Italian criminal clans are seeking to exploit EU funding loopholesImage: Daniela De Lorenzo/DW
Italian clans have their eyes on EU funds
Daniela De Lorenzo Italy
December 12, 2020
Through the recovery fund, the EU will offer member states €1.8 trillion ($2.2 trillion) in grants for COVID-19 spending. €13.5 billion will go to Italy for 2021-2022. But will that money end up where it's needed?
There are indications that criminal organizations are preparing to intercept a large sum of the funds slated for Italy and there's widespread public concern that the much-needed financial support is a chimera more than anything else.
"There is despair, because the situation is already dramatic, and the concern is that the funds will not be spent for the interest of the territory and citizens," says Giuseppe Scognamiglio, a host at Radio Siani and an anti-Camorra activist in Ercolano, just outside Naples.
In the wake of natural disasters or economic crises, the exploitation of national recovery funds has become a feature through collusion and connivance within local politics, where clans have made their claims on the money by winning tenders. "Clans have been mastering the art of applying for such funds as well as knowing how and where to exercise pressure," says Scognamiglio.
In southern Italy in particular, European funds have become synonymous with easy cash flows for the 'Ndragheta, Camorra and Cosa Nostra clans. Between 2014 and 2020, the EU set aside €77 billion for Italy in structural and investment funds. In 2018, The Senate Impact Assessment Office and Italy's Financial Guard revealed that in six out of 10 cases, these funds ended up in the hands of swindlers and organized crime. Southern Italy accounted for 85% of structural fund fraud.
European funds and fraud
Irregularities concerning EU funds are a widespread phenomenon in Europe. To counter such misappropriation, the EU has its own body to control the efficiency of fund deployment, The European Anti-Fraud Office (OLAF). According to their figures analyzing the period 2015-2019, the highest numbers of fraudulent actions involving EU funds were committed in Spain (11,029), Poland ( 5,017 ) and Romania (4,968).
Not all fraud correlates to organised crime. However, evidence of the involvement of Italian criminal organizations goes beyond national borders as seen in 2018, after the murder of the journalist Ján Kuciak in Slovakia. Subsequent investigations revealed the illegal transfer of EU structural funds within the Common Agricultural Policy (CAP) framework by individuals with connections to members of the 'Ndrangheta.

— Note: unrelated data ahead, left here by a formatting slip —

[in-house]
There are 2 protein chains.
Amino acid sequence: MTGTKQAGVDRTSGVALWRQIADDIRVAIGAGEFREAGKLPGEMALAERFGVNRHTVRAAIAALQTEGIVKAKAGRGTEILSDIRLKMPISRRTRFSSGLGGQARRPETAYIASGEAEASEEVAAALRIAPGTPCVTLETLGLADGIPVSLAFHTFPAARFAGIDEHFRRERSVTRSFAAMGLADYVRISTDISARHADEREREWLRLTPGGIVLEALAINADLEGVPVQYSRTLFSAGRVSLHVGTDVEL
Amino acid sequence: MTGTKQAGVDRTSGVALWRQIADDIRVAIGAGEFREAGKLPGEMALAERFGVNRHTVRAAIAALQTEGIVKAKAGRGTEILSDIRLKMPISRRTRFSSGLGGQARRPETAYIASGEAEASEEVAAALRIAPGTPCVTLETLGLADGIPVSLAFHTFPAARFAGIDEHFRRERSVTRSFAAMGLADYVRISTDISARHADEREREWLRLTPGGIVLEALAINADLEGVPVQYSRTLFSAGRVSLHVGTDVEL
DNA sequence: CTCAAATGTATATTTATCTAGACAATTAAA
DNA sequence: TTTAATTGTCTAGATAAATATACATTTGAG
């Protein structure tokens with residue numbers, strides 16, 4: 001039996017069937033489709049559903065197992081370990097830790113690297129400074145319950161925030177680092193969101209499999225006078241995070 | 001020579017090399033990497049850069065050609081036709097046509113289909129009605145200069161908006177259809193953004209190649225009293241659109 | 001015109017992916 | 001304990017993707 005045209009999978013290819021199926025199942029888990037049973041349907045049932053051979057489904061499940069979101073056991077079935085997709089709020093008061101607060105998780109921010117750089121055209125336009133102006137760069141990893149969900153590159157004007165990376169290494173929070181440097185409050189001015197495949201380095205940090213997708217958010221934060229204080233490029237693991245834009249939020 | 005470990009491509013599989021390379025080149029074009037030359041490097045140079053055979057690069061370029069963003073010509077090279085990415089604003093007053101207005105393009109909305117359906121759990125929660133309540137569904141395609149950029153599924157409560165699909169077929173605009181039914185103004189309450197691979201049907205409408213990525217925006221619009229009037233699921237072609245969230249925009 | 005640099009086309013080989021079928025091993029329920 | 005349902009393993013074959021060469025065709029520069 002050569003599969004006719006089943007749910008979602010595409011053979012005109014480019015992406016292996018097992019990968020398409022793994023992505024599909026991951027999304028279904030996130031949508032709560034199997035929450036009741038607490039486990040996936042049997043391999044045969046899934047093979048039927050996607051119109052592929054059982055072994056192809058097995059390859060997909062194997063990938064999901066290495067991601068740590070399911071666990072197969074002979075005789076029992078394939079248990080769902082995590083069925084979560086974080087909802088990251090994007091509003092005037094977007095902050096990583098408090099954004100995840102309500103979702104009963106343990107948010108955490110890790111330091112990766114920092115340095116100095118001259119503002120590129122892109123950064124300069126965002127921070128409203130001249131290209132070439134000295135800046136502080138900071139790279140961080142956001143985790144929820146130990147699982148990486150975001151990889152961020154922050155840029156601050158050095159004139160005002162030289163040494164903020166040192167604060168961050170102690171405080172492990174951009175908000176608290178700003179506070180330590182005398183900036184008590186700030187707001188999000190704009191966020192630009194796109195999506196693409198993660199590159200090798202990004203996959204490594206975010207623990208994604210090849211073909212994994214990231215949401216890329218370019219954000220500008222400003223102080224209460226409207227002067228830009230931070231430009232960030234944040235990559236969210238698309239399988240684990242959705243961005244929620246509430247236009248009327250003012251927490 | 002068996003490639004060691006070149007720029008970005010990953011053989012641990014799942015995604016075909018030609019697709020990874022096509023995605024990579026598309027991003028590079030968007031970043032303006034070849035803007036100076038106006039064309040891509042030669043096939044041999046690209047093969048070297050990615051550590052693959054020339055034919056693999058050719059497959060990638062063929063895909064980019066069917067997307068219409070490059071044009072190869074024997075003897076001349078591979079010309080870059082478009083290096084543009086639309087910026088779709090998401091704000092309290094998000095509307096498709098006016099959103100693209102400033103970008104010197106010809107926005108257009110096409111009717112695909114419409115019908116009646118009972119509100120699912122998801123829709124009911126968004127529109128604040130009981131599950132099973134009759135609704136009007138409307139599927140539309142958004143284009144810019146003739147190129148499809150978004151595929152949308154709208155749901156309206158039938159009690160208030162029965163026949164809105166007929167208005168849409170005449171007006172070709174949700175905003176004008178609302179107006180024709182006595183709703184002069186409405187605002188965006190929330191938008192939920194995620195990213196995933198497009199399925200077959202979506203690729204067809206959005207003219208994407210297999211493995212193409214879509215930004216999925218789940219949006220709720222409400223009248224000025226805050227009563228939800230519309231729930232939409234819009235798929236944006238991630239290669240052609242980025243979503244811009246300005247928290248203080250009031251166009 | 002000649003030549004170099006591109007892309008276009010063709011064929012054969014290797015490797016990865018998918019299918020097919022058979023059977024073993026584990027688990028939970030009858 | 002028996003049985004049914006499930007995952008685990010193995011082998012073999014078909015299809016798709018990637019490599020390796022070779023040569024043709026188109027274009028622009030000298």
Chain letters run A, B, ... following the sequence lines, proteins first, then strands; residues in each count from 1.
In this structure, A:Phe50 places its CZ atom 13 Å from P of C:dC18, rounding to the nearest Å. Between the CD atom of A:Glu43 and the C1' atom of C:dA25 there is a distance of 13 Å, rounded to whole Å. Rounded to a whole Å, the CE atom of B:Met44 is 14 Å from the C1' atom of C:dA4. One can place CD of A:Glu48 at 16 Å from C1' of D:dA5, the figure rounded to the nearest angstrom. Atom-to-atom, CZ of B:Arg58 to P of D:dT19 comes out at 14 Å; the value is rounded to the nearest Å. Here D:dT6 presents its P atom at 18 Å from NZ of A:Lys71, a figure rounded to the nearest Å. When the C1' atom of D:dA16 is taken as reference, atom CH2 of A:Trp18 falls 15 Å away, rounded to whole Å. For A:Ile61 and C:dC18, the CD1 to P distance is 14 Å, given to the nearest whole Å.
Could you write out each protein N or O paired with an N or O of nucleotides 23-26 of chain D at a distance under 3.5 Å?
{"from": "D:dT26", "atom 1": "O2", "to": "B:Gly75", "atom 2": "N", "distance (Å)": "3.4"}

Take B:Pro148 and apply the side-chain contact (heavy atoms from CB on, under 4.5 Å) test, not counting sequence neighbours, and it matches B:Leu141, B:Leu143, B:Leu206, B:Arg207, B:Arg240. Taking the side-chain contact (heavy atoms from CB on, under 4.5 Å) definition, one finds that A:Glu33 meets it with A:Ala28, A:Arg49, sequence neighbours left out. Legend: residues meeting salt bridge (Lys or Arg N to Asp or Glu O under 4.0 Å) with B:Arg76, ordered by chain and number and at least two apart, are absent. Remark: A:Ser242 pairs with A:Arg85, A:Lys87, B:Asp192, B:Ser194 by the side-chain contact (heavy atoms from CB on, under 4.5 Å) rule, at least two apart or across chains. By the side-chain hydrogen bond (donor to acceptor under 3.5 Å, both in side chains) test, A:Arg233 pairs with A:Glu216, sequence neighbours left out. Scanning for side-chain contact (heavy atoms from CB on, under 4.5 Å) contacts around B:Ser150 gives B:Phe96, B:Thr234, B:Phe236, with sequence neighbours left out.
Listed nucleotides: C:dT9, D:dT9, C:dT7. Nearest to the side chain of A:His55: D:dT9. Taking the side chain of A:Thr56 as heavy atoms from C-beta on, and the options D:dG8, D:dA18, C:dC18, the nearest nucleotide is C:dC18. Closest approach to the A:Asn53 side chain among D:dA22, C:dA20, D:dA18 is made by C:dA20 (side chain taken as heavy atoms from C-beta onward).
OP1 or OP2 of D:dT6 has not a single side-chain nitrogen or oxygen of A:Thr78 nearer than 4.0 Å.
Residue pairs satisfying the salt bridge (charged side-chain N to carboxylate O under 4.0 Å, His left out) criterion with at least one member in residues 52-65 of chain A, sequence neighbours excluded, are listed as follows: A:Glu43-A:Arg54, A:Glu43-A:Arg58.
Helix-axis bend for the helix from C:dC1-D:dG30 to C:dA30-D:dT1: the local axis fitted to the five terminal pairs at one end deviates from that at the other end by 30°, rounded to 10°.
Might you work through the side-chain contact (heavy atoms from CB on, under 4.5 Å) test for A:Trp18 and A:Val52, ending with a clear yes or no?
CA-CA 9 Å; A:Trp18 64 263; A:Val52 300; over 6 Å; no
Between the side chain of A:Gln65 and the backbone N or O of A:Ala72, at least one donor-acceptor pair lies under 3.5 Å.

The challenges to prevent illegal transfers are considerable: "[As we know from research on previous recovery funds], when there is a lot of money flowing in all together, the tendency is to lower the threshold or controls in order to secure the effectiveness and the speediness of operations," says Anna Sergi, a senior lecturer in criminology at the University of Essex.
Beneficial ownership [where specific property rights in equity belong to a person even though legal title of the property belongs to another person - the ed.] is a particular problem. Between April and September of this year, over 43,000 Italian companies registered a change of beneficial owner. 1.3% of them now have beneficial owners from blacklisted countries, 4.5 times higher than in previous years, according to an analysis by the Research Center Transcrime of the Università Cattolica del Sacro Cuore.
Looking beyond EU funds
According to anti-mafia experts, the focus should go beyond EU funds. "Right now they [criminal groups] are the only actors with enough liquidity to buy nearly everything. And they are ready to pay full prices as they have to clean up their money and money laundering as much as possible," says Sergio Nazzaro, spokesperson of the President of the Anti-Mafia Parliamentary Commission in Italy.
The COVID-19 crisis has allowed clans to make further inroads in their quest to be seen as legitimate economic actors. "They are already inside that world that lets you gain that power, now they are trying to become legitimate and take control of the territory and politics," Nazzaro says.
Transferring their profits from illicit trafficking to acquiring chunks of the economy through the purchase of small and medium-sized enterprises has become the preferred and easy way to become more visible and gain further access within political structures. That can lead to an erosion of democracy and political stability. "When organizations have such economic power, it is clear that they can influence political decisions and thereby increase social injustice," Nazzaro says.
In October, the European Council proposed further instruments to help OLAF in detecting frauds, such as access to bank accounts. One of the tasks of Europol's new European Financial and Economic Crime Center (EFECC) will be to analyse economic and financial crime data to support financial investigations.
The European Commission or member states will need to expressly request EFECC's intervention to carry out investigations, but identifying the differences between individual fraud and fraud committed by criminal organizations is a challenge. Another problem is that laws tackling organized crime differ from one EU country to the next. This means that some states are fertile ground for mafia-related crimes.
"We clearly need a cross-border response and a cross-border type of prosecution and sentencing," says Sergi, calling for the creation of a European institution to prioritize a transnational fight against criminal organizations.
Harmonizing and standardizing definitions at the European level would be a starting point. "An important tool would be creating flows of information and databases among authorities across member states," says Nazzaro.